The barbaric and deadly attack on Manchester Arena last night (22 May) was a stark reminder of how evil and base human beings can be in order to further their selfish agendas.
In the midst of the chaos, however, many people came together and demonstrated strength, unity and kindness in the face of cowardice and cruelty.
Among them was Paula Robinson, who has been praised on social media for making it her mission to protect the children caught up in the blast.
Shortly after the explosion at 10.35pm, Robinson penned a Facebook post revealing that she had led a group of about 50 children – all of whom had either attended the concert without parents or guardians, or become separated from their loved ones during the panic – to safety.
As it was late, she took them to a nearby hotel.
“Please re-post for any parents with children at M.E.N,” she wrote. “We have taken as many kids as can to [the] Holiday Inn.
“We will keep them safe and stay with them.”
Robinson later added: “We have got about 50 kids with us waiting to be picked up.”
Again, she stressed that all of the children in her care “are safe” and that she “will look after them” for as long as they need her to.
Robinson has since been praised on Twitter for her selfless act of kindness.
“Can we please give praise to this lady Paula Robinson who is looking after missing children,” wrote one social media user.
“When evil strikes, the people hit back.”
Whoever this Paula Robinson person is, she is a hero.— s (@honestIydrew) May 22, 2017
And Robinson is not the only person doing her best to help those caught up in the attack: social media has been flooded with extraordinary tales of ordinary people doing everything they can for others.
The local Holiday Inn has been offering rooms and shelter to people, while others have been offering rooms, cups of tea, phone chargers, lifts, or just hugs on social media, using the hashtag #RoomForManchester.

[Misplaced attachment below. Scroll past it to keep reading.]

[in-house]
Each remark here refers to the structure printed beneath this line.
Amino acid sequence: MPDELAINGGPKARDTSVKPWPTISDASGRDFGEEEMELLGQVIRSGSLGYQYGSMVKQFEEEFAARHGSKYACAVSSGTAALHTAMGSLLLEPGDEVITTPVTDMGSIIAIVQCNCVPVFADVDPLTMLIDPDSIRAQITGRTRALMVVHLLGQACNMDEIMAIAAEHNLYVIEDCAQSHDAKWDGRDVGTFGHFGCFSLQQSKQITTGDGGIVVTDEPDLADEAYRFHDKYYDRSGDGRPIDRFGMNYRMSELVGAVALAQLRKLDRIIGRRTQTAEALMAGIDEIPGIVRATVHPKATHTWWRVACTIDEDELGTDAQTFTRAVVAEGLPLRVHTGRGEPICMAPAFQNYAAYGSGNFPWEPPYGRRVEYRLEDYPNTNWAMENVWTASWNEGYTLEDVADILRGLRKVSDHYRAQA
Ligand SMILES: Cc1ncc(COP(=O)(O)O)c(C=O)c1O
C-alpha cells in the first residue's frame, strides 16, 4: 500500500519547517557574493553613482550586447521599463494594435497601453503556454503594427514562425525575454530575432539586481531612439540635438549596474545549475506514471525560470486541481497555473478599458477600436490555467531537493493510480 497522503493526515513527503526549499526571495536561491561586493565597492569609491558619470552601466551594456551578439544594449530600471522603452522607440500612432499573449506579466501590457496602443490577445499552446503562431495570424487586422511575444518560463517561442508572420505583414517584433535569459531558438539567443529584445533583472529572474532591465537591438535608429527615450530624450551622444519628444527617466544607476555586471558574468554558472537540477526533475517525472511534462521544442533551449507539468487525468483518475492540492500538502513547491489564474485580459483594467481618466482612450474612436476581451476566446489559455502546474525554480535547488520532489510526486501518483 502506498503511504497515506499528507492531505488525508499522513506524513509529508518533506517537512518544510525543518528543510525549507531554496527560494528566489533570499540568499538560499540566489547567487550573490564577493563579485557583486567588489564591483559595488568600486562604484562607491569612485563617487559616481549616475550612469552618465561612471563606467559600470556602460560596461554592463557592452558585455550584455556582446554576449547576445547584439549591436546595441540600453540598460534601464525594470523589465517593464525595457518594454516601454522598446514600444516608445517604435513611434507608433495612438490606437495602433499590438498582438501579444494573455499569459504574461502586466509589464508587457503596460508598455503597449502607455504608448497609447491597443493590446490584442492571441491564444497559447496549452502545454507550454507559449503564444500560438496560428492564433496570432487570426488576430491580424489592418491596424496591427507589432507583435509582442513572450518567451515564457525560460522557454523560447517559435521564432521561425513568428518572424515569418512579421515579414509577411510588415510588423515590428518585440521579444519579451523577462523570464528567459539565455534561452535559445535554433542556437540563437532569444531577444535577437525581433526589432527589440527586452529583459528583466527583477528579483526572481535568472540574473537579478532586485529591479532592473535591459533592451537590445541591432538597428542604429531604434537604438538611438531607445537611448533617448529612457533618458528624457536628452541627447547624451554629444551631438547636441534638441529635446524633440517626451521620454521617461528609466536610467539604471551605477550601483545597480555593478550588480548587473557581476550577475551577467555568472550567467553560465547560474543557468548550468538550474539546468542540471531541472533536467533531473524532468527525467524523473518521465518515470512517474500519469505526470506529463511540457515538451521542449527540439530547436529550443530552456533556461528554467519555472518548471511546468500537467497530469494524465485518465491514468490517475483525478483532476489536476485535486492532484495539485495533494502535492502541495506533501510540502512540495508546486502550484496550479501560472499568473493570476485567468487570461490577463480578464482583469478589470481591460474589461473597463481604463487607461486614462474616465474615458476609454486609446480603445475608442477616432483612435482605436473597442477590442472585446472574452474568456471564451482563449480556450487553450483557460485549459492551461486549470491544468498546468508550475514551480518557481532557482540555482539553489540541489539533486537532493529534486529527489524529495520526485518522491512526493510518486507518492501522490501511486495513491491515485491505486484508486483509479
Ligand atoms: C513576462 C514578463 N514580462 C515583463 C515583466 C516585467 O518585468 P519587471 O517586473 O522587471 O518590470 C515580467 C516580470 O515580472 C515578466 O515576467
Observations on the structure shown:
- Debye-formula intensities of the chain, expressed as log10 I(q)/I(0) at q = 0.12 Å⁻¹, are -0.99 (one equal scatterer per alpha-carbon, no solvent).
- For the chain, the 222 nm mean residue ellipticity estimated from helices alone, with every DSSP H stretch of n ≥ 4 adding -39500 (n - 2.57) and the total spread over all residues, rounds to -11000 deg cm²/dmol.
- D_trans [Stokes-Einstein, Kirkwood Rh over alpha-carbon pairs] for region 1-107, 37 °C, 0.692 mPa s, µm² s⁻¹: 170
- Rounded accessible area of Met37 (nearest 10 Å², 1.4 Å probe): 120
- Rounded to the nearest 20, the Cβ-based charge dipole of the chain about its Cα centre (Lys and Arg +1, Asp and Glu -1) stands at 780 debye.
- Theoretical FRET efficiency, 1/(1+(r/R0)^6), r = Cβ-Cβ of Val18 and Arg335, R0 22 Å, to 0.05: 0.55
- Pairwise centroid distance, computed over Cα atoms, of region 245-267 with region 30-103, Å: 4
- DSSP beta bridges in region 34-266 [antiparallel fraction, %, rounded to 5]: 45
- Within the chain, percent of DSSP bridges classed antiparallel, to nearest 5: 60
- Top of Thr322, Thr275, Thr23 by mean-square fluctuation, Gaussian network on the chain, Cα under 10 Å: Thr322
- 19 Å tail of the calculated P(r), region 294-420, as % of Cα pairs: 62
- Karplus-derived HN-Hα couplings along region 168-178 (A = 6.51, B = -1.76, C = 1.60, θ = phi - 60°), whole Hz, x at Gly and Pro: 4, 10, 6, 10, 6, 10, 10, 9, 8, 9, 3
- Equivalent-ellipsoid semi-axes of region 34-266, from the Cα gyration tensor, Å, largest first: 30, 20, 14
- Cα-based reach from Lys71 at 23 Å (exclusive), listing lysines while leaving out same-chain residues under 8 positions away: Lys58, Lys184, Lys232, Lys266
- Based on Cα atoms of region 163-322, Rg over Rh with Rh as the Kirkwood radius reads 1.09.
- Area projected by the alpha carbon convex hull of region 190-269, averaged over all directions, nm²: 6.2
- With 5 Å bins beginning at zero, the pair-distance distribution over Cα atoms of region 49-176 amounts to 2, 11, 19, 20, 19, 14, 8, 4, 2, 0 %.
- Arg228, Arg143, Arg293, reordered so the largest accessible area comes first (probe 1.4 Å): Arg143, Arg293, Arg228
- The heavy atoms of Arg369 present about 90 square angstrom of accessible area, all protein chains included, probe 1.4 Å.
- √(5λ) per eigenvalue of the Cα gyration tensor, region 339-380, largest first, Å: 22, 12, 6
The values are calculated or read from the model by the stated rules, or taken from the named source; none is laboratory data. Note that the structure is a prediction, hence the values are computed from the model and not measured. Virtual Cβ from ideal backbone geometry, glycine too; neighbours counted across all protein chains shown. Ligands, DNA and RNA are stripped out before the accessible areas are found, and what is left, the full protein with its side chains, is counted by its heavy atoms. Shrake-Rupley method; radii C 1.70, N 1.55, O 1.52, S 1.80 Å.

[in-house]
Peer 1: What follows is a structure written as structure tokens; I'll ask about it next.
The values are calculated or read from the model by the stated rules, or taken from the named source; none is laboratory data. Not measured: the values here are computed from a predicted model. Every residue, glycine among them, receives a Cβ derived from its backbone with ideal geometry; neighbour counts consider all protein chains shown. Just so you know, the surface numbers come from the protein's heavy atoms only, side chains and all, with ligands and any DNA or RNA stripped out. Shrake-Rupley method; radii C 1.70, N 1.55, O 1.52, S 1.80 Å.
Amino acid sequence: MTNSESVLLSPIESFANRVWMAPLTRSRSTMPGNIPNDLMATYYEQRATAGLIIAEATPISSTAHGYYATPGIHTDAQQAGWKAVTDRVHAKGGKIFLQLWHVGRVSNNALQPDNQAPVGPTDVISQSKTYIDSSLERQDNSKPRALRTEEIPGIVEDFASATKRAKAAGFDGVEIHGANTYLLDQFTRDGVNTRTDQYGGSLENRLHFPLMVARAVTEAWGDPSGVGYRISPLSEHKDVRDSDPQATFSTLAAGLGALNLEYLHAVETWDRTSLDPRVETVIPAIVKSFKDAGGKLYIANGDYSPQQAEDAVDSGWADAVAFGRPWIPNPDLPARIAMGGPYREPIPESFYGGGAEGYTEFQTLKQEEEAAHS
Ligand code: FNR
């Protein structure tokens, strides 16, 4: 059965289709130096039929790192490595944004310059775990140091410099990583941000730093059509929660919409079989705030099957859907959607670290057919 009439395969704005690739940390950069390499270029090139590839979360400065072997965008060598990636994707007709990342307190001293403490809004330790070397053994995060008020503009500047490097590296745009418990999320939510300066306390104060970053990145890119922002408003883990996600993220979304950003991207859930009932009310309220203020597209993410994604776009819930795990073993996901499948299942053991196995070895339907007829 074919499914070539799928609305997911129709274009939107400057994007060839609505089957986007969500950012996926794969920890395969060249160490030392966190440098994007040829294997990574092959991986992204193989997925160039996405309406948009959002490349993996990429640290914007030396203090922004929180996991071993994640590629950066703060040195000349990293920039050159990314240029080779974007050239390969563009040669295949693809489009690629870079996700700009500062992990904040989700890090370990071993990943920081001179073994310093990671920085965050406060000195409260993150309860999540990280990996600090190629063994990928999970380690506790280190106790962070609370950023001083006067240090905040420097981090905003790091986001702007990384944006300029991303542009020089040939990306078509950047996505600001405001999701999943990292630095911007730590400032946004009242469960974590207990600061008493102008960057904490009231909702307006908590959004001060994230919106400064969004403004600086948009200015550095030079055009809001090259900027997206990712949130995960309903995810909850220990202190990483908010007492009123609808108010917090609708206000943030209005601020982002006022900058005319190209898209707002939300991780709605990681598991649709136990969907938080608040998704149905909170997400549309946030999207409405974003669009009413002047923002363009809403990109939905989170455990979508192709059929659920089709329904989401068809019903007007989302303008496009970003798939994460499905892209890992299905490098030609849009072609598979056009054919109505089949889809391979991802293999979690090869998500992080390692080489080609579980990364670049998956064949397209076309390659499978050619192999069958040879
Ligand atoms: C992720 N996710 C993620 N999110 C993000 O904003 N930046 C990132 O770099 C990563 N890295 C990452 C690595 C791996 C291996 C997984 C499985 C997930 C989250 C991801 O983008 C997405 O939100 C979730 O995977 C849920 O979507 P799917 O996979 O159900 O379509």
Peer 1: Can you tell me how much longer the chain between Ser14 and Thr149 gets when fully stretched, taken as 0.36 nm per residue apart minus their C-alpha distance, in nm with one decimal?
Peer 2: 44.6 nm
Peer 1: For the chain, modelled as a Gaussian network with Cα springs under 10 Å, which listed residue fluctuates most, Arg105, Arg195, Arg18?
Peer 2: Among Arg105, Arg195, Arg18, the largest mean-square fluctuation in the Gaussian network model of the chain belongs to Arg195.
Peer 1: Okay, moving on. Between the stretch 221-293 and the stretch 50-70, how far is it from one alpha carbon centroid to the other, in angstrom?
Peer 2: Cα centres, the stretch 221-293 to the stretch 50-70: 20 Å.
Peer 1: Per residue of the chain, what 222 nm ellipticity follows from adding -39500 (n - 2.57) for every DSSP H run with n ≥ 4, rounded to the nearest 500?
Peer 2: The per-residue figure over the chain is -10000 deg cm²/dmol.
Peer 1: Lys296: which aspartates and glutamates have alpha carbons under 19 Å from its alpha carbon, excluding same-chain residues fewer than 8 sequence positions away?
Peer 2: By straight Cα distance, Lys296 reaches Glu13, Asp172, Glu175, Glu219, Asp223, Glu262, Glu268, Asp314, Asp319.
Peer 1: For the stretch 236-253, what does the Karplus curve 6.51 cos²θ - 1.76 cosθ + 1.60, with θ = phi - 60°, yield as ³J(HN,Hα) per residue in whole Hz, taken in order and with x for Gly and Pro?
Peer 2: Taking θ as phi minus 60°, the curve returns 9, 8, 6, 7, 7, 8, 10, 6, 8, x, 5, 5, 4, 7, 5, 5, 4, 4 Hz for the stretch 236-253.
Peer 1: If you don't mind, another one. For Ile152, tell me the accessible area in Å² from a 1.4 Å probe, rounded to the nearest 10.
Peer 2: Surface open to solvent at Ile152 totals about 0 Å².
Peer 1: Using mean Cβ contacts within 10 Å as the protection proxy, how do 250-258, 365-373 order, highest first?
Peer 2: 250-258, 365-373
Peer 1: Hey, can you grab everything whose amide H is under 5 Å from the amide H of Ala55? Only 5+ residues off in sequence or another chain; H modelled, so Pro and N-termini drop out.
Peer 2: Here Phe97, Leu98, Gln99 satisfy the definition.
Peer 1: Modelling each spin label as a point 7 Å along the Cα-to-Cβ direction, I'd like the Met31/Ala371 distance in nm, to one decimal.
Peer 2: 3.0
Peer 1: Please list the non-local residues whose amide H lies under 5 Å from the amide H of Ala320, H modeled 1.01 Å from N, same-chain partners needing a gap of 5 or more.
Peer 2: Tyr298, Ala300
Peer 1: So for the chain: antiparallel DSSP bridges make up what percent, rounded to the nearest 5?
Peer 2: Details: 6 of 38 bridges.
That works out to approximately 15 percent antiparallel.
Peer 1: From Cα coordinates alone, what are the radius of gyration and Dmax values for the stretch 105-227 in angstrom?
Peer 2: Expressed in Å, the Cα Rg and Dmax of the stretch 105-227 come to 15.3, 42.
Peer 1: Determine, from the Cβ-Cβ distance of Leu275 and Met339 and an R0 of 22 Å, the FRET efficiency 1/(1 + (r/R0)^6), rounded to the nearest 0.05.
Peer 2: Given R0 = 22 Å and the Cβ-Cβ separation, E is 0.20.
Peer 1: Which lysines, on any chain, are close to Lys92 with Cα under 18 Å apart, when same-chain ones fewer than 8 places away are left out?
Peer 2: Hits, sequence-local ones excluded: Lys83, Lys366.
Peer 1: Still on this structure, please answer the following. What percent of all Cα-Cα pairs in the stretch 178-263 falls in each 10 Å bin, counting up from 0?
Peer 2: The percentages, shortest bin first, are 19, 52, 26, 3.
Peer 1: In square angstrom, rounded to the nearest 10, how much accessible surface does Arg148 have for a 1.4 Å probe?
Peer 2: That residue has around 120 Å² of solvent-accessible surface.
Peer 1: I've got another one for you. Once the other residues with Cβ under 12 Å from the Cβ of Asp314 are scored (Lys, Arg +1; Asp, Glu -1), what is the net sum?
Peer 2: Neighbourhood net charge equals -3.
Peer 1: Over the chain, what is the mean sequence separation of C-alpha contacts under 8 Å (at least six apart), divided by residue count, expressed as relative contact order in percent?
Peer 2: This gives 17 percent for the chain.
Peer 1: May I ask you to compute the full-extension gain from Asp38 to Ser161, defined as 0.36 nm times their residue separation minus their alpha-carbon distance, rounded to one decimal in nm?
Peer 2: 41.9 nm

Taxi drivers, meanwhile, have been giving people free lifts home, in order to reunite them all the quicker with their loved ones.
Health workers, similarly, have flocked to Manchester to support local hospitals treating the wounded.
Stuart Hosking-Durn, an emergency preparedness, resilience and response professional with UHMB, offered his help on Twitter.
“Do you need extra hands?” he wrote. “We have staff in Manchester, have ID, and can attend.”
GP Faizan Awan added: “If you need any help doing clinical work either on wards or minors, let me know. Can be with you in 10 minutes.”
And Kirsty Withers, a Theatre Clinical Manager, also offered her assistance.
“We are visiting for a health conference from Morecambe Bay Trust tomorrow,” she shared. “Three Theatre ODPs available if needed.”
At least 22 people (including children and teenage girls) were killed in the blast, and over 50 people injured.
Mike Stredder, director of blood donation at NHSBT, said: "We are responding to last night's events in Manchester.
“Our thoughts are with the people affected by this tragic incident.
“We do have all the blood required for hospital patients at the present time.
“If you have an appointment to give blood in the next few days, please do your best to keep it, particularly if you are blood group O negative.”
If you are concerned about loved ones caught up in the incident in Manchester, the emergency number to call is 0161 856 9400.
Images: Rex Features